WITH Scottish Engineering’s latest survey revealing that rising prices and skills shortages are causing concern among engineering companies, requiring them to consider innovation, product leadership and efficiency drives, Wylie & Bisset, Accountants and Business Advisors, is advising engineering companies apply for R&D tax credits for qualifying projects.
Shehzad Ashaq, corporate tax director at Wylie & Bisset, said that with engineering firms facing shrinking margins and rising prices of materials and gas and electricity costs, R&D tax credits could be considered as another form of funding that can improve cashflow as well as bottom-line profits.
R&D allows SMEs to deduct an extra 130% of their qualifying costs from their taxable profit. And if the company is loss making, the surrenderable loss can generate a repayable tax credit. Companies claiming under the large scheme (RDEC) can claim a tax credit of 13% of the qualifying R&D expenditure.
“As long as there is an element of technological or scientific uncertainty involved in getting from A to B in a business process, there is scope for a potential R&D claim,” said Mr Ashaq.
“An engineering company might be doing the same thing day-in, day-out and not realise that it is undertaking any R&D, but even the smallest change (subject to scientific or technological advancement via the resolution of uncertainties) in a business process has the potential to qualify for a claim.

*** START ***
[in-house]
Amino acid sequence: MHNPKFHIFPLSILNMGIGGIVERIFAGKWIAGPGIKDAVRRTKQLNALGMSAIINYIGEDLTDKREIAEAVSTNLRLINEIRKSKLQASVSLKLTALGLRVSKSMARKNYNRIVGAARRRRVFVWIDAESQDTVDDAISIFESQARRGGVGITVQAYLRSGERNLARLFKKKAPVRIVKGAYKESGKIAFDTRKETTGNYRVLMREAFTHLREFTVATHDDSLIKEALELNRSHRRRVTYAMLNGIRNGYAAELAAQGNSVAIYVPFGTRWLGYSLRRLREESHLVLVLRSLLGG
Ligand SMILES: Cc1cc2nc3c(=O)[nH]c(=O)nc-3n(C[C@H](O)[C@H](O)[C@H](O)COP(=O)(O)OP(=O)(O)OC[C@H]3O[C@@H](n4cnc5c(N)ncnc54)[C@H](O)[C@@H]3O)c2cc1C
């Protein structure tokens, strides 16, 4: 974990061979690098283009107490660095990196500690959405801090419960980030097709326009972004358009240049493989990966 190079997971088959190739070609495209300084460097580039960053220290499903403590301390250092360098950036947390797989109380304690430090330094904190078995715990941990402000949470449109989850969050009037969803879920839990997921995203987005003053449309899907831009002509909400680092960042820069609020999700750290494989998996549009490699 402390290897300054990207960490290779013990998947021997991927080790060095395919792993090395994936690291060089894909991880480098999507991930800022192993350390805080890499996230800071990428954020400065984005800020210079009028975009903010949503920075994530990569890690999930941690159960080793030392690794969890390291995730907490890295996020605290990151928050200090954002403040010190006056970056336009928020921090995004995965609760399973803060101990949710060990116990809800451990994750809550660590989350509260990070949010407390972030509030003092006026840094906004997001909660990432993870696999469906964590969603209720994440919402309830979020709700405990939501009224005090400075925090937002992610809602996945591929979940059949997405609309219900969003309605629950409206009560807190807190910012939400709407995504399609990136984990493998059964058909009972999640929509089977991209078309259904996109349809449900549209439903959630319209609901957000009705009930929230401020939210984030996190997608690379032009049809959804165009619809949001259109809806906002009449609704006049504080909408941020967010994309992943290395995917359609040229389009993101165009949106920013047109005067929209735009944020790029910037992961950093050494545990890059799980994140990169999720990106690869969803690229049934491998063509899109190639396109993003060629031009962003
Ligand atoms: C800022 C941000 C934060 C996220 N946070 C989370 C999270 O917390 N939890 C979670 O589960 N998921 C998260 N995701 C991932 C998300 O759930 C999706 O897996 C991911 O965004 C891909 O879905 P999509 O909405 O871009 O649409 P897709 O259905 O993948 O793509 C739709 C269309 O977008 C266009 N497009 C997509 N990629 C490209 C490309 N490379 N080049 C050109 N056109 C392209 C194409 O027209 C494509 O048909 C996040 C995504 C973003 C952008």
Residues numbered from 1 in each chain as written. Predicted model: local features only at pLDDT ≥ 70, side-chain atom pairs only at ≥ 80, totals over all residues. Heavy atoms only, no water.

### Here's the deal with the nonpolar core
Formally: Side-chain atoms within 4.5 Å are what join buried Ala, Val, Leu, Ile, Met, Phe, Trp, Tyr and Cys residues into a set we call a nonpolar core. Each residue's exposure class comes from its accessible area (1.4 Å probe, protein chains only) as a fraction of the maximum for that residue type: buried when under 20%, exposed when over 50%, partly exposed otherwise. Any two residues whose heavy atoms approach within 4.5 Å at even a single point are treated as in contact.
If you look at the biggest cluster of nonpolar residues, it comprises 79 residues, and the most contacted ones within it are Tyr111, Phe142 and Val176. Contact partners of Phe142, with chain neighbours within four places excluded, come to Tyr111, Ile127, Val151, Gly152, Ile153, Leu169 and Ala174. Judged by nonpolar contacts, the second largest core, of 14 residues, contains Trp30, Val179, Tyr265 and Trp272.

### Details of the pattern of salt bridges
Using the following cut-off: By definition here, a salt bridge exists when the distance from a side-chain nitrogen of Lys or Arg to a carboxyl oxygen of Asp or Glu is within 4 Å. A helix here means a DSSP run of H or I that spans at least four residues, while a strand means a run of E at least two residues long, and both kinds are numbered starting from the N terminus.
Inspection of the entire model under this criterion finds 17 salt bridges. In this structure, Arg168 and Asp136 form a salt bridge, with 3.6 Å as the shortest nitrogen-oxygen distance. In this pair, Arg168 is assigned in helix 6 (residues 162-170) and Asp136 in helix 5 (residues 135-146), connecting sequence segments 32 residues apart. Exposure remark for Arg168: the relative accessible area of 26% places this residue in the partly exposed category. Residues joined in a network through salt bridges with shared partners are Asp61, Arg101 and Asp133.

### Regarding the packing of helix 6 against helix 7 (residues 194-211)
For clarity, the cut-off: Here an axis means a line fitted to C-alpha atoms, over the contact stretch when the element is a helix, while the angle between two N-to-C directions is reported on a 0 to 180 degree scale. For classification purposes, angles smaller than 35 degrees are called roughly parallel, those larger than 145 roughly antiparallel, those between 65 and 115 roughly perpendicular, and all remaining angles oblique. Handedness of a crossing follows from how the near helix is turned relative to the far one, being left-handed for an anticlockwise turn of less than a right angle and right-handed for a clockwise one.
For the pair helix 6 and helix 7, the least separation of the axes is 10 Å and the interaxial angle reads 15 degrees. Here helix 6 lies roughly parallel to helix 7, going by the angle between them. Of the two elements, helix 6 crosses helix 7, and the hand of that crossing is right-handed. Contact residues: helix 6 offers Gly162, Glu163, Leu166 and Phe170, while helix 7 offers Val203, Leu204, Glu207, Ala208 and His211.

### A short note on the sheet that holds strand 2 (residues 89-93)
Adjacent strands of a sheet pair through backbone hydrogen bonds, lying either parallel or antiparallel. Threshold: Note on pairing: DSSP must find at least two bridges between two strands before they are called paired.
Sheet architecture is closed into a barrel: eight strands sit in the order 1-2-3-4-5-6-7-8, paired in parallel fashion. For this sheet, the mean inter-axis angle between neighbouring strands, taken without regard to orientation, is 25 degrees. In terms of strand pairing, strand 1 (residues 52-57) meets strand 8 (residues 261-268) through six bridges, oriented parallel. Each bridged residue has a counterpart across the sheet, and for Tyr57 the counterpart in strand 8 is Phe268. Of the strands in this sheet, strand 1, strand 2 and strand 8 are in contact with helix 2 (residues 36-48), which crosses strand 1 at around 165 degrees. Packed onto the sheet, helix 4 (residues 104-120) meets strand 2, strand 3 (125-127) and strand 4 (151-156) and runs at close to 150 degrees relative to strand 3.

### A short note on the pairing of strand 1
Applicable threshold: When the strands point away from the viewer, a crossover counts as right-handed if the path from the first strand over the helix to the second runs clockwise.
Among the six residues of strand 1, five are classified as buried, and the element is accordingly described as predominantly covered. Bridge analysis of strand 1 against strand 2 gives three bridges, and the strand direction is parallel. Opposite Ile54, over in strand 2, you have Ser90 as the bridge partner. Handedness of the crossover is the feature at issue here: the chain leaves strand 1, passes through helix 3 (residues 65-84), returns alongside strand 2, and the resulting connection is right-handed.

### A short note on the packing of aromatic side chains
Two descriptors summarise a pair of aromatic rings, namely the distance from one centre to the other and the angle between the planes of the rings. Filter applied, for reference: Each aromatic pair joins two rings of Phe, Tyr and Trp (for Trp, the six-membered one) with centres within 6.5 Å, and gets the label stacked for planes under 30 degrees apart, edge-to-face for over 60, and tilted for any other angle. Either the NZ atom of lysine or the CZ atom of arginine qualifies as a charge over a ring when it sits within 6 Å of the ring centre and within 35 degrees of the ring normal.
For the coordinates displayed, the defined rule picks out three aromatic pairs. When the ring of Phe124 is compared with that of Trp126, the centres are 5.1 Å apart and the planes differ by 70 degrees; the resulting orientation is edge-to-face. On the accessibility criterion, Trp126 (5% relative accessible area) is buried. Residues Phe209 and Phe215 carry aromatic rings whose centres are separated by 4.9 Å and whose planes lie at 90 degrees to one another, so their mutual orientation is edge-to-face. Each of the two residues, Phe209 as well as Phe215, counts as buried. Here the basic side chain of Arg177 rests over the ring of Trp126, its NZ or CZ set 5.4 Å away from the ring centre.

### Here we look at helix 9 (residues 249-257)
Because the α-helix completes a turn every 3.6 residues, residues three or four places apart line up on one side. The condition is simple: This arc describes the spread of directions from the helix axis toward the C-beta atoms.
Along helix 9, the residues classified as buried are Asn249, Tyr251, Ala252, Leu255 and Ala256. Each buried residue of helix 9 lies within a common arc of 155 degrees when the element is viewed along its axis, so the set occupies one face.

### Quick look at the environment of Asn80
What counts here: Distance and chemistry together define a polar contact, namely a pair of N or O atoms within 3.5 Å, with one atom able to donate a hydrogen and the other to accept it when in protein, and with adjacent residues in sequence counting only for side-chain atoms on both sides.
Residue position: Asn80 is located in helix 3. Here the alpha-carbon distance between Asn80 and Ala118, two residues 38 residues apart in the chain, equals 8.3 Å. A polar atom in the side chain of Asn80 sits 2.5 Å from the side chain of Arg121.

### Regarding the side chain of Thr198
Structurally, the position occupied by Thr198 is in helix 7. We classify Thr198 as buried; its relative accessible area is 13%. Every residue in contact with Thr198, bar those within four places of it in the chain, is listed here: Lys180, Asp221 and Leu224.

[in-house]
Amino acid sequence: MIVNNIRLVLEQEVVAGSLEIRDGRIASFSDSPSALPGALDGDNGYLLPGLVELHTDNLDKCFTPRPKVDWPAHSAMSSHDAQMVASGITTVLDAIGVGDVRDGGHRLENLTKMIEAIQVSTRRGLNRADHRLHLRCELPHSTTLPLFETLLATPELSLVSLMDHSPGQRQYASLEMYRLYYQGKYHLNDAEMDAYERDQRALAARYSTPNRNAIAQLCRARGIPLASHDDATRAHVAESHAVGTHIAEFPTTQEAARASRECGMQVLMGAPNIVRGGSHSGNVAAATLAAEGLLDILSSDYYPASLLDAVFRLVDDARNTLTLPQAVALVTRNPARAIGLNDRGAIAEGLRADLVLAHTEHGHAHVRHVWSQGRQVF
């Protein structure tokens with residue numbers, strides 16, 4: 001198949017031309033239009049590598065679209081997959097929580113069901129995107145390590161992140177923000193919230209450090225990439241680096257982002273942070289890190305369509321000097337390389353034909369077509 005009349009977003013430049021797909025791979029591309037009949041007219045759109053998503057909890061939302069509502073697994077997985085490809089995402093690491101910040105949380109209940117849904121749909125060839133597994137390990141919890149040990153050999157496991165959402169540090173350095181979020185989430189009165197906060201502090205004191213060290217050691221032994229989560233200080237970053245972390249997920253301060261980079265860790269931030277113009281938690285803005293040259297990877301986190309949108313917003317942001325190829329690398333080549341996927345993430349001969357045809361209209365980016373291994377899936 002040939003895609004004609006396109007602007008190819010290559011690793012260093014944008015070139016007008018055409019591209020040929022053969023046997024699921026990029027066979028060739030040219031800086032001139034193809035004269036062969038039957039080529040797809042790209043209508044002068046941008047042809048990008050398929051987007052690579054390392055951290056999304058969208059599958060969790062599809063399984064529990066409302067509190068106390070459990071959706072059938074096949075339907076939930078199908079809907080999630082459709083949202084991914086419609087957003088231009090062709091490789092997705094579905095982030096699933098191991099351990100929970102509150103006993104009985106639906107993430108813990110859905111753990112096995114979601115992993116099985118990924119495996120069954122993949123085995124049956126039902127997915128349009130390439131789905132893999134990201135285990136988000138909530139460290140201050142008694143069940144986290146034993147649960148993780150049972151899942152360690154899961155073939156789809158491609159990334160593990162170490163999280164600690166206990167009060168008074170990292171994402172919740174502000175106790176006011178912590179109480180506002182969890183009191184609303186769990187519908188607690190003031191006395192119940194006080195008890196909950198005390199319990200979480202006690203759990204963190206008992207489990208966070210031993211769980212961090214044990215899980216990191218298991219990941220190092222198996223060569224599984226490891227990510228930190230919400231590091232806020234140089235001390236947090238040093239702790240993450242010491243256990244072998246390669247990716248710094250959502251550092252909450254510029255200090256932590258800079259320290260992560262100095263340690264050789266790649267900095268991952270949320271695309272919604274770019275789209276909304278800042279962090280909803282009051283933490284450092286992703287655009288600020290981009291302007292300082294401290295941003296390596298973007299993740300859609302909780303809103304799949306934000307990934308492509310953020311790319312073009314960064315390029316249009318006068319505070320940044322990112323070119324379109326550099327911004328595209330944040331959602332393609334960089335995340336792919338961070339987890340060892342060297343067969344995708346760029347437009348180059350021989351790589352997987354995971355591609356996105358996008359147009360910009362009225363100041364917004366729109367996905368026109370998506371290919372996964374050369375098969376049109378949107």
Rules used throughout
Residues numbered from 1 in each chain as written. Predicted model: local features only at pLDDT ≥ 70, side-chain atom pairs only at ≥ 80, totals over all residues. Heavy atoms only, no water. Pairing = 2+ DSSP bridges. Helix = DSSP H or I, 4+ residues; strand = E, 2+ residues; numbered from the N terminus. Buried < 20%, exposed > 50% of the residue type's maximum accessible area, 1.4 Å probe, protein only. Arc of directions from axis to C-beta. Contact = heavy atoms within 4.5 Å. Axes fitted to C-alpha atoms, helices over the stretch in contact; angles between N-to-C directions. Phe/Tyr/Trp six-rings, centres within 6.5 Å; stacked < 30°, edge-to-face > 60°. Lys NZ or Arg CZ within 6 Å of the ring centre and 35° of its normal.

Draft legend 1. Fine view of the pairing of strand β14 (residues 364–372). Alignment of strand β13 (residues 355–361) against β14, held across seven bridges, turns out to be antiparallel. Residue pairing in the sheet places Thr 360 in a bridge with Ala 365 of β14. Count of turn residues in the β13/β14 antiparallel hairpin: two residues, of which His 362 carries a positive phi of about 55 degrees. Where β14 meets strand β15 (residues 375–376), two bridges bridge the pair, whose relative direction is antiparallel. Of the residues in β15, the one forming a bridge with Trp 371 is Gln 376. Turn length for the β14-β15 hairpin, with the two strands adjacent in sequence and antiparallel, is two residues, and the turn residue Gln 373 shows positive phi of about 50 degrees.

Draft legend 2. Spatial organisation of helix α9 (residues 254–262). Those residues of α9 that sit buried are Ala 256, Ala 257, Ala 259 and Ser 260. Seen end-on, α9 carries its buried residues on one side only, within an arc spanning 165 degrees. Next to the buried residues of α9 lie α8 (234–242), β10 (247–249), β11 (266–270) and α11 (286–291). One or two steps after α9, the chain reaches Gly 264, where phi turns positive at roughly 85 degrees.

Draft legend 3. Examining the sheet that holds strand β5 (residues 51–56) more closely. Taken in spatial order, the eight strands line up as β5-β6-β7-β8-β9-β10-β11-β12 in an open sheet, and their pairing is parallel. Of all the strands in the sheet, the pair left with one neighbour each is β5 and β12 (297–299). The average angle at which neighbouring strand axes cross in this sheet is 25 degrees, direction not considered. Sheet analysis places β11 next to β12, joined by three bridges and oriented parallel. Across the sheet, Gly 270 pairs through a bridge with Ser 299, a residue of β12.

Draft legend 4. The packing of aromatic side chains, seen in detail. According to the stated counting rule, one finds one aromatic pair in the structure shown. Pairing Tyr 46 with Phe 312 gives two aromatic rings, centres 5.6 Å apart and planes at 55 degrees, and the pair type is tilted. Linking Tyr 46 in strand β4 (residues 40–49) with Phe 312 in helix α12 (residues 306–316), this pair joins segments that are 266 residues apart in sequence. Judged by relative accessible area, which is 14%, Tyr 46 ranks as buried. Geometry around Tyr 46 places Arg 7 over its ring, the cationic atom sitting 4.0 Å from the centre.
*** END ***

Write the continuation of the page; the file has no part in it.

“The definition of what R&D is, is so wide that there are many more processes that could be eligible for R&D tax credits than what people are currently claiming for.”
According to Mr Ashaq, a common misconception is that R&D tax credits are tax avoidance schemes.
“R&D tax credits are not a tax avoidance scheme – it’s a tax incentive scheme,” he said. “The Revenue seeks to use this scheme to incentivise business owners to progress their companies technologically and scientifically through research and development.”
Mr Ashaq advises any engineering companies that consider they may be eligible for an R&D tax credit to seek professional advice from an advisor who has advised in this area of tax relief.